Naughton Booksellers Home
    Home   Browse By Category Shopping Cart Checkout Login
     

Quick Search

Author
Title
Description
Keyword
Advanced Search
 
Navigation
Home
Shopping Cart
Checkout
Browse By Category
Offline Search Service
About Us
Contact Us
Store Policies
Privacy Policy
 

"'It was this caring for the boy that Michael looked forward to. Dressing him well, not prissily, buying him things he had never had before, taking him places. Teaching him. He knew there was more than enough time to salvage him, this piece of jetsam. Sacrifice was what was required.'

What book is this quote from?

 
 

 
 
   Lamb. MacLAVERTY, BERNARD

London: Cape, 1980. 1st UK edition of the author's first novel. 8vo, boards, 152 pages. One corner bumped; top corner of front endpaper scuffed; otherwise near fine in near fine dustwrapper. (Price in EURO = 31.75)
Price: 34.00 USD
Add to
Shopping Cart
 
 

From Lamb by Bernard MacLavery :

It was this caring for the boy that Michael looked forward to. Dressing him well, not prissily, buying him things he had never had before, taking him places. Teaching him. He knew there was more than enough time to salvage him, this piece of jetsam. Sacrifice was what was required.

He had never really felt this way before. The feeling he had had for his parents was something born of respect and gratefulness. He was used to them being there and was never conscious of his feelings for them. Years ago he had experienced something approaching this feeling for a girl who served in a sweet shop beside his school. Her pony tail, her brown eyes, her smile which he thought she reserved especially for him.

But the time had been one of religious fervour, of self-denial, and all his love was channelled towards Jesus and Mary. His store of it was so meagre that it allowed for no tributaries. All the intensity of his early life was saved for that time he would spend on bended knees either in front of the tabernacle or before the pictures in his bedroom.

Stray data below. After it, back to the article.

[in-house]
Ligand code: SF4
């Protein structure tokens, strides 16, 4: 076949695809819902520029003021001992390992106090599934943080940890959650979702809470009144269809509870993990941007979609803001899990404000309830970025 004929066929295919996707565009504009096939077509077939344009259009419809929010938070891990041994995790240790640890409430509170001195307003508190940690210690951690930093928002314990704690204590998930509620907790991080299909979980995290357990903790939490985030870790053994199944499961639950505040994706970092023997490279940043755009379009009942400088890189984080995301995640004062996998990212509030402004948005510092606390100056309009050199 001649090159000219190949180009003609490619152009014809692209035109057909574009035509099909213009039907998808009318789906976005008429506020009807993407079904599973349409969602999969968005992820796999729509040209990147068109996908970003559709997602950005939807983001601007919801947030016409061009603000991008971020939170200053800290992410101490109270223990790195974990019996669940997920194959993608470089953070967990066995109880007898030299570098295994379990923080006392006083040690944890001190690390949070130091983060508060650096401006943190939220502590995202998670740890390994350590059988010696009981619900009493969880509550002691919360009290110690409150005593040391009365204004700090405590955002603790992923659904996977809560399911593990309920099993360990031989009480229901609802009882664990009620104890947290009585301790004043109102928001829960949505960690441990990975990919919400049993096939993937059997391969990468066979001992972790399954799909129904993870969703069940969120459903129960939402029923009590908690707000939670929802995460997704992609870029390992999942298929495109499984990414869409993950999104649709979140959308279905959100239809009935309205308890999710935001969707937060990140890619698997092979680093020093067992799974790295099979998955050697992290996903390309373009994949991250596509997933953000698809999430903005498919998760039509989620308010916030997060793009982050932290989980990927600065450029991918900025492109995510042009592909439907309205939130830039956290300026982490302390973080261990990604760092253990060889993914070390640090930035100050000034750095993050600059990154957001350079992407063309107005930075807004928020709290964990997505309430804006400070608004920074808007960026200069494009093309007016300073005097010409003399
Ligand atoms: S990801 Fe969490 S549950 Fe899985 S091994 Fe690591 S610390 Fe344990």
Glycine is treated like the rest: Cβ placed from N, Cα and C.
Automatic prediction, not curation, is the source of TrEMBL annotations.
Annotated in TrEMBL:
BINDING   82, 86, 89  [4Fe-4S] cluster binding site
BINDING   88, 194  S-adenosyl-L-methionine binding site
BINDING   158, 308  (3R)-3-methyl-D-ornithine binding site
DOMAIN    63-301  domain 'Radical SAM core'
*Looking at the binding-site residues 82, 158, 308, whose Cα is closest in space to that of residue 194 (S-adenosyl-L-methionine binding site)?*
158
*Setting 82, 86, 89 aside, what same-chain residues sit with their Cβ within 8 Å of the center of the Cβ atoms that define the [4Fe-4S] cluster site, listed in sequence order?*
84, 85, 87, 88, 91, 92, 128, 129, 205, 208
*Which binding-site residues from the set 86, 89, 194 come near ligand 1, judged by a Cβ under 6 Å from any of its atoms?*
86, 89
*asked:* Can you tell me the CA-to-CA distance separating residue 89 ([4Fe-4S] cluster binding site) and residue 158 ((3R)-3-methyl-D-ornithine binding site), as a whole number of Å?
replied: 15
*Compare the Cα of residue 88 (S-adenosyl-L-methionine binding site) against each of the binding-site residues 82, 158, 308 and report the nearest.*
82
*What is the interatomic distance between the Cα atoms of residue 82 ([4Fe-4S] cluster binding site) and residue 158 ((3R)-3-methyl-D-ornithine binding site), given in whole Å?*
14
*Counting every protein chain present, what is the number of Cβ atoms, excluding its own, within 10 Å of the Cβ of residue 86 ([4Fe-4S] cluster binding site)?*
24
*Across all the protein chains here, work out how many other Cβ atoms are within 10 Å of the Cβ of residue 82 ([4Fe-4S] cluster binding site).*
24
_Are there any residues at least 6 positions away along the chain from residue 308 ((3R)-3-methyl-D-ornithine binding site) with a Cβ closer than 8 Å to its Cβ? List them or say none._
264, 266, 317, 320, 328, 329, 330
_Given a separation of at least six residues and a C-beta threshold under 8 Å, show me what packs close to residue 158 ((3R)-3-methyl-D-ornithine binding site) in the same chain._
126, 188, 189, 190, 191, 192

One was entitled 'Save me Lord!' It was a black and white print of Jesus walking on the water. His hand raised in benediction, His lightly bearded face full of love and pity. He was half turned towards Peter who was in the act of sinking, his chin arched upwards to avoid the water, his arms thrown wide in appeal. The whites of Peter's eyes blazed with fear. The sea was grey and jagged with waves, Christ's garment moulded to His body by the wind of the storm, his black hair flying. Once Michael had climbed on a chair to look with microscopic closeness at the picture. It was made up of tiny dots, shades of black and grey, close in some parts, widely spaced in others. The only place where there were no dots was in the white of Peter's eyes. It was nothing which produced that look of terror. That close to the picture, Michael had noticed that a film of dust had gathered on the inside of the glass.

The other picture was of Our Lady of Perpetual Succour. Very dark, it had the wooden pose of an icon and her head was wreathed in gold. She held the Christ Child in hands that were long and thin and seemed the wrong way round, right for left and left for right. They did not hold the Child but were placed against him as He floated. Her face was turned to heaven and exuded a love that Michael had tried to imitate.

© Jonathan Cape Ltd. 1980


Home  | About Us  | Contact Us  | Store Policies  | Privacy Policy

Questions, comments, or suggestions
Please write to info@NaughtonsBooks.com

Copyright©2003. All Rights Reserved.